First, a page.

Checked exceptions are painful. I could write a long article about it, but there are more than enough good blogs describing this problem.
My favorite article is written by Rod Waldhoff.

From my point of view the existence of the InvocationTargetException clearly shows the problem.
Imagine you call a method which throws an exception, you properly catches it
and then you decide to rewrite the code and call the same method via refection.
After that you have to catch the same exception in quite a different manner: 

public class Test {

    public static void main(String[] args) {
        PrinterJob job = PrinterJob.getPrinterJob();
        
        // Call it in the usual way
        
        try {
            // this throws checked PrinterException
            job.print();
        } catch (PrinterException e) {
            // handle the printer exception
        }

        // Call the same method via reflection

        try {
            // this throws InvocationTargetException instead
            getPrintMethod().invoke(job);
        } catch (IllegalAccessException e) {
            e.printStackTrace();
        } 
        
        catch (InvocationTargetException e) {
            if(e.getCause() instanceof PrinterException) {
                // handle the printer exception;
                // a little bit more complicated than it used to be
            }
        }
    }

    static Method getPrintMethod() {
        try {
            return Class.forName("PrinterJob").getDeclaredMethod("print");
        } catch (Exception e) {
            e.printStackTrace();
        }
        return null;
    }
}
I would love it if Java doesn't require me to catch the InvocationTargetException and let me work with the PrinterException the same way.

Let me give you some examples that illustrate what kind of mess it brings to the Swing code base.
Fortunately there are not many checked exceptions used in Swing code, but when you implement printing you can't avoid PrinterException and PrinterAbortException.
Since printing must be done in the background to not block the GUI,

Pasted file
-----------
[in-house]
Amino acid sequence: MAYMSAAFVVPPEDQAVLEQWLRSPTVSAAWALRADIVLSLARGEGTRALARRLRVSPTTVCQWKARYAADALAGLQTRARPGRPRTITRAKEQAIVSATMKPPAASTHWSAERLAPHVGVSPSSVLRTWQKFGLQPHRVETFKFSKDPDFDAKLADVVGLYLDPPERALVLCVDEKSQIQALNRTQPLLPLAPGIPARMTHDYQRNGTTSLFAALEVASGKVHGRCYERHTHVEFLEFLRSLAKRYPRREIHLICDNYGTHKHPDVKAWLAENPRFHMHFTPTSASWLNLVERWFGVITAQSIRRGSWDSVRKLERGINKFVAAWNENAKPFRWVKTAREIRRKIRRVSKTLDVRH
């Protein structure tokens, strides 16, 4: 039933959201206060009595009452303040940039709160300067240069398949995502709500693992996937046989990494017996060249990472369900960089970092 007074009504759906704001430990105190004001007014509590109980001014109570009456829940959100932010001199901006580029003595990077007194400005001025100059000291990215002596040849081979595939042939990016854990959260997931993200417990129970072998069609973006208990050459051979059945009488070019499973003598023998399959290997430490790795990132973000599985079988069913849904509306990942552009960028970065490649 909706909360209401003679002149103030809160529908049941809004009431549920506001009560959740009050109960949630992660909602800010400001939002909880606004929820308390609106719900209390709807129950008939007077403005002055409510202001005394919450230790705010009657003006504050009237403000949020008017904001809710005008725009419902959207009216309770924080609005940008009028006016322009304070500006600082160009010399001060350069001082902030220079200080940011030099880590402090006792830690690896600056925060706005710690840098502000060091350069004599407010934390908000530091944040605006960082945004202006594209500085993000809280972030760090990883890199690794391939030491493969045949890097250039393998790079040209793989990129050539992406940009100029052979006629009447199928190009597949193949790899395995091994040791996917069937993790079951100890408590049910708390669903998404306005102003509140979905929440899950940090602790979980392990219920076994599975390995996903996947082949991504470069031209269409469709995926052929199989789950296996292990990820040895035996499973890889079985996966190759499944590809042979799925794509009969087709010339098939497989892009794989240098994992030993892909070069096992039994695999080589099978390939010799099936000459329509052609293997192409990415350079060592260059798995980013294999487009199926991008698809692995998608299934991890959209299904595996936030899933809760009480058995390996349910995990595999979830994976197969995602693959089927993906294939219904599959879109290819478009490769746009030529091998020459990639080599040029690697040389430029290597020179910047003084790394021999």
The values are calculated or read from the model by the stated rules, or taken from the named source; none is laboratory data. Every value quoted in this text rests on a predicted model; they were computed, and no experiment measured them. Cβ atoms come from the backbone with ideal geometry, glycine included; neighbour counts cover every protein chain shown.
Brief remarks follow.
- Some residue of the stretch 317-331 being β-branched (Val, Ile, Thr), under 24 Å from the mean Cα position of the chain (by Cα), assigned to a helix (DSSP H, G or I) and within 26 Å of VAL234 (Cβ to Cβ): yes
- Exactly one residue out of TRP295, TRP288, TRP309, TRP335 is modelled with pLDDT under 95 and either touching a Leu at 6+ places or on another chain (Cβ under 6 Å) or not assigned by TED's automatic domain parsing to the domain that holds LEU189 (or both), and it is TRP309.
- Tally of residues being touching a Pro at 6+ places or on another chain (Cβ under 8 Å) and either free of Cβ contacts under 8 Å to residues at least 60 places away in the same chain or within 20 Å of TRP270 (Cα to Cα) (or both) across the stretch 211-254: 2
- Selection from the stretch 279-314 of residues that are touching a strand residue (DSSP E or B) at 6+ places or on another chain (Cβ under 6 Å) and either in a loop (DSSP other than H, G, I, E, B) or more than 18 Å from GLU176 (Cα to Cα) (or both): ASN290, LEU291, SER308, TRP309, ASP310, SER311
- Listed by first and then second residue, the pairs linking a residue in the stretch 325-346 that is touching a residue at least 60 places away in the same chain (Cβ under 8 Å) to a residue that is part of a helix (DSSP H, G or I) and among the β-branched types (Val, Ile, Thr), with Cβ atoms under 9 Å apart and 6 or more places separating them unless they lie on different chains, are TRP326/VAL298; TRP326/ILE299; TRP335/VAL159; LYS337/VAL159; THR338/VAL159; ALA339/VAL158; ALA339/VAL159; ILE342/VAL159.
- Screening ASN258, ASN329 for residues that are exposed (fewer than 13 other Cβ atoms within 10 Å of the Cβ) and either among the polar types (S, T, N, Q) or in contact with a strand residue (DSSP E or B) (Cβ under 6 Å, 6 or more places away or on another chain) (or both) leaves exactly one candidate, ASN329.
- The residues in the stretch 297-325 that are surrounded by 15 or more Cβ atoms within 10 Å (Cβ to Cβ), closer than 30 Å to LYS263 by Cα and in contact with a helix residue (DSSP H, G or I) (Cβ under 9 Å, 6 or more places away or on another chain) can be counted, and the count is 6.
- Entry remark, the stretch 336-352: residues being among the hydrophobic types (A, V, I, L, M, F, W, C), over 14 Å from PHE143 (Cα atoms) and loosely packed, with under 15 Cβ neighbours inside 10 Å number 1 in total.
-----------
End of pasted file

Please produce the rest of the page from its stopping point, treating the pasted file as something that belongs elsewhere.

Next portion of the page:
we have to properly re-throw the exceptions back to the Event Dispatching Thread thread.

So in the implementation of the JTable.print() method you can find the following construction: 

       // this runnable will be used to do the printing
        // (and save any throwables) on another thread
        Runnable runnable = new Runnable() {
            public void run() {
                try {
                    // do the printing
                    job.print(copyAttr);
                } catch (Throwable t) {
                    // save any Throwable to be rethrown
                    synchronized(lock) {
                        printError = t;
                    }
                } finally {
                    // we're finished - hide the dialog
                    printingStatus.dispose();
                }
            }
        };
and then we have to understand what kind of exception was thrown and how we can re-throw it back: 

       // check the type of error and handle it
        if (pe != null) {
            // a subclass of PrinterException meaning the job was aborted,
            // in this case, by the user
            if (pe instanceof PrinterAbortException) {
                return false;
            } else if (pe instanceof PrinterException) {
                throw (PrinterException)pe;
            } else if (pe instanceof RuntimeException) {
                throw (RuntimeException)pe;
            } else if (pe instanceof Error) {
                throw (Error)pe;
            }

            // can not happen
            throw new AssertionError(pe);
        }
This boilerplate code can't be avoided, you can find the same pattern in the implementation of JTable.print().
If the methods that are called on the background thread threw another checked exceptions, we would have to add another instanceof checks there.
More checked exceptions - more lines of code.

If there were no checked exceptions in java, that kind of code would be unnecessary,
we could freely re-throw any exception no matter what their type is.
I would definitely remove the checked exceptions from Java.

This was an entry from the Swing in a better world series

Thanks
alexp